Secrets Of Saguaro National Park

The name doesn't say it all: Arizona's premier cactus preserve conceals a cool mountain escape.
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The name doesn't say it all: Arizona's premier cactus preserve conceals a cool mountain escape.

Few people know that southern Arizona has a national park, too. And that's the way locals like it. Saguaro (sah-WAH-roh) pulls in 93 percent fewer visitors than the Grand Canyon, most of them dayhikers, and its sky islands–verdant mountain ranges rising dramatically from the barren valley floor–are as much as 30 degrees cooler than the surrounding desert. Translation: easily attained solitude, a welcome break from triple-digit temps, and no elbowing for choice campsites. On this three-day, 28.5-mile reverse lollipop route, you'll accumulate nearly 10,000 feet of elevation gain as you rise and fall through six different ecosystems of cacti and pines rife with mountain lions and bears, and vistas so long you'll swear you can see the curvature of the earth. Mica Mountain, the highest sky island on the trek, is so close to Tucson and its 515,000 people that it might as well be considered another skyscraper. What's more startling is how easy it is to rise above it all.

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FRIDAY

The first day's a quad-buster as you hike 11 miles and several thousand feet into the Rincon Mountain forests. Get a mid-morning start at the Douglas Spring trailhead at the east end of Tucson's East Speedway Boulevard. The landscape bristles with prickly pear, teddy bear cholla, and giant saguaro cacti. Saguaros can live to be more than 150 years old–count their arms; it can take 75 years for just one to form. You'll climb from the sandy valley into rocky grasslands with 8,664-foot Mica Mountain rising to the south and the prominent Santa Catalina range to the north. After 5.7 miles, fill up with water from Douglas Spring before following the trail steeply past a series of ravines as you move up Mica's northern flank, shaded by piñon and ponderosa pines. At eight miles, you'll reach Cow Head Saddle, at 6,200 feet on Mica's ridgeline. There's a trail junction: Go straight and descend about 700 feet to your first night's camp, Grass Shack, with its three tent sites and an intermittent stream shaded by gnarly oaks and fragrant junipers.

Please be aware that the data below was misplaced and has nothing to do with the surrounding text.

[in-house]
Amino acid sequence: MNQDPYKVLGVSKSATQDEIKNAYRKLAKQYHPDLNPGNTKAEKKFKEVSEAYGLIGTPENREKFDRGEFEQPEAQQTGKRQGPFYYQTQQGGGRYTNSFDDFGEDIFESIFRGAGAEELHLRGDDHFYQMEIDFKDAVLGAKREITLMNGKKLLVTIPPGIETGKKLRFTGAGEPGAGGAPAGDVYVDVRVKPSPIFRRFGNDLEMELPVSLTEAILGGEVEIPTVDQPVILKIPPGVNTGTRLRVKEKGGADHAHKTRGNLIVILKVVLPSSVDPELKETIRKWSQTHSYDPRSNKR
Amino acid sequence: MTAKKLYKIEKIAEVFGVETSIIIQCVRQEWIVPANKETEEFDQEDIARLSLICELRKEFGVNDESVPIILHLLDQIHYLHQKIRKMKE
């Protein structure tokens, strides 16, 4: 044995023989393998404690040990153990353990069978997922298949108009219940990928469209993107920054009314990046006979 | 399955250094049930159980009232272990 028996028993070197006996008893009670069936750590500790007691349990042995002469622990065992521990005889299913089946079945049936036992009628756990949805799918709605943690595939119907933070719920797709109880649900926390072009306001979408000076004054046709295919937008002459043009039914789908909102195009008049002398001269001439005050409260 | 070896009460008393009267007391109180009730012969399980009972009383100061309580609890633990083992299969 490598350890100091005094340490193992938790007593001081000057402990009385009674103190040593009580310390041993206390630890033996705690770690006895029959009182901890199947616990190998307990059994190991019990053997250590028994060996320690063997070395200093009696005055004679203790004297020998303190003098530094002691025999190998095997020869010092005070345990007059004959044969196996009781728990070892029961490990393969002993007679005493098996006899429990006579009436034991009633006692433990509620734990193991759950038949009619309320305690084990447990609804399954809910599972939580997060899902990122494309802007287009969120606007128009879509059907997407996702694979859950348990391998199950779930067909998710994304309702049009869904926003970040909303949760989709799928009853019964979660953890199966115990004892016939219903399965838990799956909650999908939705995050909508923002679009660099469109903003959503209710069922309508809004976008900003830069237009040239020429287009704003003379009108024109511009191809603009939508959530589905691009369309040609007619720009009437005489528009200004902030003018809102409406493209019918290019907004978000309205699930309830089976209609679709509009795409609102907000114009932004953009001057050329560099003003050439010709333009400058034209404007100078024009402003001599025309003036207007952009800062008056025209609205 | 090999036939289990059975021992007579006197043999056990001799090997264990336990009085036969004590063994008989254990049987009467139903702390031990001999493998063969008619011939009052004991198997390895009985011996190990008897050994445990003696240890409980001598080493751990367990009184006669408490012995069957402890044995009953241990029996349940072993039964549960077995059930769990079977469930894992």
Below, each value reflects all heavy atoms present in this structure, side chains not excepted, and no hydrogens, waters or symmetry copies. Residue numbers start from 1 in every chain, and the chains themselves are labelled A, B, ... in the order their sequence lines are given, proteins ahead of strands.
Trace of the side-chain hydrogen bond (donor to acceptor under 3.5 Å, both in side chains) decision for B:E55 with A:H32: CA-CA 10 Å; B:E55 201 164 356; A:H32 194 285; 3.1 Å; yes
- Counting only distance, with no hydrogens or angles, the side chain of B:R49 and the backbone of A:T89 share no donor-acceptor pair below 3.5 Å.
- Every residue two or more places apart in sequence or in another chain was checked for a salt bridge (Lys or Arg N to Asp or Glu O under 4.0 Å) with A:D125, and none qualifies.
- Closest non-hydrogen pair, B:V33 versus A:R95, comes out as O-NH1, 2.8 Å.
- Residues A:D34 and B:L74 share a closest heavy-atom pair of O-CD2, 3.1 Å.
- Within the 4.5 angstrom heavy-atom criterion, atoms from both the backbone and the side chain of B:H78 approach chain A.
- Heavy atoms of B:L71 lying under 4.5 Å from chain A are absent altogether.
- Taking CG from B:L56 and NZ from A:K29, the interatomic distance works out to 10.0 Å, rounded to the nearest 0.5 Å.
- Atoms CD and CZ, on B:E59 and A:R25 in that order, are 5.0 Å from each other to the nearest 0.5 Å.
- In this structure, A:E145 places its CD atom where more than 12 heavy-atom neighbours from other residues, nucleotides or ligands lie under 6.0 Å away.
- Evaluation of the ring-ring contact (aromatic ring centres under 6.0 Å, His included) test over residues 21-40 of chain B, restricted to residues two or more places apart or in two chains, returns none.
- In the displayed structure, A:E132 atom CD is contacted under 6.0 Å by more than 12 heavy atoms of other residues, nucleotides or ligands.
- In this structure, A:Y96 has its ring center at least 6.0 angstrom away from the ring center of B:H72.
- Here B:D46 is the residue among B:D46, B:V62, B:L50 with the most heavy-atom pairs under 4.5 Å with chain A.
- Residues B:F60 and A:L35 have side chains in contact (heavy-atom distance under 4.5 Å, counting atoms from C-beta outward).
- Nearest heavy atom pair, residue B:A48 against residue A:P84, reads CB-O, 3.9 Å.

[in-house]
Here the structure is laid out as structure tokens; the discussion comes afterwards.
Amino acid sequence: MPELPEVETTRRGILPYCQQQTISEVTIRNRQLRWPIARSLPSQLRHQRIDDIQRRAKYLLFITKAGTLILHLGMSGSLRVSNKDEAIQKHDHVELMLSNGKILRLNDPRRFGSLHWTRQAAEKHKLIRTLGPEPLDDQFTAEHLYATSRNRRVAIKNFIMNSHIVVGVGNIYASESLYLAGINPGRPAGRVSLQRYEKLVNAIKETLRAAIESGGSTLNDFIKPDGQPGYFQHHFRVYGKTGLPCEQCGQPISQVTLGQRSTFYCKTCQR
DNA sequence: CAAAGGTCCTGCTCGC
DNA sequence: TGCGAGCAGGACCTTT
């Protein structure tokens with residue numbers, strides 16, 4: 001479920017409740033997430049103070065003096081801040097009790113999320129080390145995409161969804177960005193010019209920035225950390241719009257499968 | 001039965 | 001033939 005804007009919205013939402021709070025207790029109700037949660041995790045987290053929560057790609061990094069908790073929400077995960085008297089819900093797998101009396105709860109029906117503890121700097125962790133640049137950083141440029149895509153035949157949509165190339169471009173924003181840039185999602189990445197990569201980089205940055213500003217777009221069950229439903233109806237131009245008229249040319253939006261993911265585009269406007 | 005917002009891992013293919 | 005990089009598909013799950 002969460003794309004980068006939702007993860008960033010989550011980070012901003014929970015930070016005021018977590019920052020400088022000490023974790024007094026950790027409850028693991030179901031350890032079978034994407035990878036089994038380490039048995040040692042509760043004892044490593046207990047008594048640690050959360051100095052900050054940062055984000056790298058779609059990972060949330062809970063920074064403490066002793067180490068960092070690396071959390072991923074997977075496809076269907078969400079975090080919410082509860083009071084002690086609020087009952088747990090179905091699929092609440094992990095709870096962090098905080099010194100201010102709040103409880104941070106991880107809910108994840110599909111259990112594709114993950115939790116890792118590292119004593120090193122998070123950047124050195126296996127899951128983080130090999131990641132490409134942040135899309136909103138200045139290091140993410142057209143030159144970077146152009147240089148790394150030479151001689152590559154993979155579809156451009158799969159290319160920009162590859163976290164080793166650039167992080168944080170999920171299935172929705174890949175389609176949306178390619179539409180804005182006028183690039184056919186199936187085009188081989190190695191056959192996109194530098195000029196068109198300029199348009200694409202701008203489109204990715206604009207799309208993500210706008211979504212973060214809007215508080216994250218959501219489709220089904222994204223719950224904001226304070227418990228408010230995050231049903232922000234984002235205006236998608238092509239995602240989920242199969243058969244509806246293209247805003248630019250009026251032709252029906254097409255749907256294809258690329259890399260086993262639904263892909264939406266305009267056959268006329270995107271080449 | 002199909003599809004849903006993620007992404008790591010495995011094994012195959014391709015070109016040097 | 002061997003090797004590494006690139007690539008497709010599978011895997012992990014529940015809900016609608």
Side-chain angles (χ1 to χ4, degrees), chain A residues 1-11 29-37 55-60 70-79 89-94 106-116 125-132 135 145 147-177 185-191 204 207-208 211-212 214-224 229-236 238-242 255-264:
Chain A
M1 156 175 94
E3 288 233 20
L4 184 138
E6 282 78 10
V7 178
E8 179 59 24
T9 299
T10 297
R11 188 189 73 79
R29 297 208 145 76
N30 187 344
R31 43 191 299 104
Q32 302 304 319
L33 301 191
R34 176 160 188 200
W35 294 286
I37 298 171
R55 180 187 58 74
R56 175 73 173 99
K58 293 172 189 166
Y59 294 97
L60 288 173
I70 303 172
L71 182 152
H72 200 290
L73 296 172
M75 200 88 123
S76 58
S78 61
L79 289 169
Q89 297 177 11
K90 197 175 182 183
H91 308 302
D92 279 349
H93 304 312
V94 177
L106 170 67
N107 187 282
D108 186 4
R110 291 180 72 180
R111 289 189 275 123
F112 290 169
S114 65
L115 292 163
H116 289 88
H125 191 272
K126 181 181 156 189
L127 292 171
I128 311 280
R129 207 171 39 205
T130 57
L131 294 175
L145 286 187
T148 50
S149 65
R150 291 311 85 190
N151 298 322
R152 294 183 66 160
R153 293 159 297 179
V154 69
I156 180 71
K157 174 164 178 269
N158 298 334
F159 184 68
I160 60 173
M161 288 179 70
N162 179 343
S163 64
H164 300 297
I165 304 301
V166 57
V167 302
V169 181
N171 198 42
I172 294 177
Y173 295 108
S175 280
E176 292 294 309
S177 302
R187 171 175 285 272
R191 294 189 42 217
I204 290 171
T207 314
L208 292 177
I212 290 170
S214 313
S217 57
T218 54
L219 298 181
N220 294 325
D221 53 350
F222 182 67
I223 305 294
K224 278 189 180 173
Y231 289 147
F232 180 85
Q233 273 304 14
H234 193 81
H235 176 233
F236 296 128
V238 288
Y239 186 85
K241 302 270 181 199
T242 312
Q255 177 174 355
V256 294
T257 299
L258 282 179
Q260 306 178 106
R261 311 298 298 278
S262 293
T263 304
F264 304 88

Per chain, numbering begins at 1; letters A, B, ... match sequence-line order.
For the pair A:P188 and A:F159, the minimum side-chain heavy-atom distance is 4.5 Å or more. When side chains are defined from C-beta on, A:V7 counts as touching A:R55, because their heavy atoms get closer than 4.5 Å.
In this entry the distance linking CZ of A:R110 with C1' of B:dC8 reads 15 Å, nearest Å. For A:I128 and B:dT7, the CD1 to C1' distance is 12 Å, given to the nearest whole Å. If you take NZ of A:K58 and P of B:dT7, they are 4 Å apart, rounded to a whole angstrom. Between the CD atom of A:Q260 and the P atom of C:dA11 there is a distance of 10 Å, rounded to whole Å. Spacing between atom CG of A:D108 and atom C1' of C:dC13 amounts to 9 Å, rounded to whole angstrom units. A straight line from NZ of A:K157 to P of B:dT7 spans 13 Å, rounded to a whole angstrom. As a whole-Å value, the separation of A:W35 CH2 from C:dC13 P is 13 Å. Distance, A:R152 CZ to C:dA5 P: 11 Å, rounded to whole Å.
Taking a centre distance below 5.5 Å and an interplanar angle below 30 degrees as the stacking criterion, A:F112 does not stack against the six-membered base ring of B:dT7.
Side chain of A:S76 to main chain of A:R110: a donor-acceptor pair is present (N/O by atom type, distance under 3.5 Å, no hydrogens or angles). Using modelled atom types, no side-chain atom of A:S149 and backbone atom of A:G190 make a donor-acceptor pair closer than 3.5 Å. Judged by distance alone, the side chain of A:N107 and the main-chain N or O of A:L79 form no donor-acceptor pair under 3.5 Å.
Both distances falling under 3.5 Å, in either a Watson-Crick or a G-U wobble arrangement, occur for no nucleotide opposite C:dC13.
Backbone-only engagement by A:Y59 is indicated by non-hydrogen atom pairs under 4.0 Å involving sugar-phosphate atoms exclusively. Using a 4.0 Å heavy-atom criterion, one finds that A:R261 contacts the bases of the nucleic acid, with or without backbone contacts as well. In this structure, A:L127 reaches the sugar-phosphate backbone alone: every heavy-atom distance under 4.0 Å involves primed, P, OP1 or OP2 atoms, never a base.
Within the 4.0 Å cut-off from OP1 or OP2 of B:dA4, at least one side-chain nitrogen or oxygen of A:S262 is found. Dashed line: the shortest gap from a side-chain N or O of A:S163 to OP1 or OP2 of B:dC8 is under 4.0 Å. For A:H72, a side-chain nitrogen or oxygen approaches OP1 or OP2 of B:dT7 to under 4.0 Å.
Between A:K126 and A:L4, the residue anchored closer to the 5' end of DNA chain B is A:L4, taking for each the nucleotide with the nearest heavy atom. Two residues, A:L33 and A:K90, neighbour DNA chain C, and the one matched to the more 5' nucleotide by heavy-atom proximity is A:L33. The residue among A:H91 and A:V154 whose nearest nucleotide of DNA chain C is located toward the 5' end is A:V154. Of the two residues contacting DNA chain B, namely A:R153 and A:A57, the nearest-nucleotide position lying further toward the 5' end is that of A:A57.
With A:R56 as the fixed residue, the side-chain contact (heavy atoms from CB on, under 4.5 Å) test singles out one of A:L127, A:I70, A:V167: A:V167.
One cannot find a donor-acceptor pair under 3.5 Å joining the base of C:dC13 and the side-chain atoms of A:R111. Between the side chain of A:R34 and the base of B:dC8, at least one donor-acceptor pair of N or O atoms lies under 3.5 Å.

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SATURDAY

You'll spend this day filling your memory card with sweeping vistas of southern Arizona's craggy, copper colored mountains. In the morning, continue your ascent of Mica by following the Manning Camp Trail eastward a little more than four miles, passing through oaks and piñon as you climb toward the peak. At Devils Bathtub Trail, bear left and ascend steeply one mile to Manning Camp and a reliable spring. After watering up, grab an energy bar, ditch your pack (you'll camp here), and set out to explore Mica's broad summit on a network of short, interconnecting trails. It's an easygoing five-mile ramble to Spud Rock, Reef Rock, Mica Meadow, and Mica Secondary, each with unforgettable views of saguaro-filled valleys. Return to Manning Camp, the largest backcountry campground in the park, with six sites and a year-round water source.

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SUNDAY

You've got a 12-mile hike back to the desert flats and your car. No worries, though, it's all downhill. Set out from Manning Camp along the Cow Head Saddle Trail, dropping nearly 2,000 feet to the Douglas Spring Trail. Turn right into the canyon you ascended just two days earlier, snap some panoramics of the craggy Santa Catalinas, and arrive at the trailhead in no time. Easy access goes both ways; stop by Tucson McGraw's Cantina (tucsonmcgraws.com) on Houghton Road, a park staff favorite, for margaritas and ribs. It's only 10 minutes away.

Friday | Saturday | Sunday | Plan It

Plan It

Map and Guide

Grab Trails Illustrated #237 Saguaro National Park ($12, natgeomaps.com) and Saguaro National Park and Santa Catalina Mountains, by Bruce Grubbs ($15, falcon.com).

Season

Year-round (expect snow up high in winter, hot temps down low in summer).

Permits

Required ($6/night); available first come, first served at the visitor center, or reserve up to two months in advance (520-733-5153; nps.gov/sagu).

The Way

In Tucson, take East Speedway Boulevard 17.5 miles to the trailhead.

Friday | Saturday | Sunday | Plan It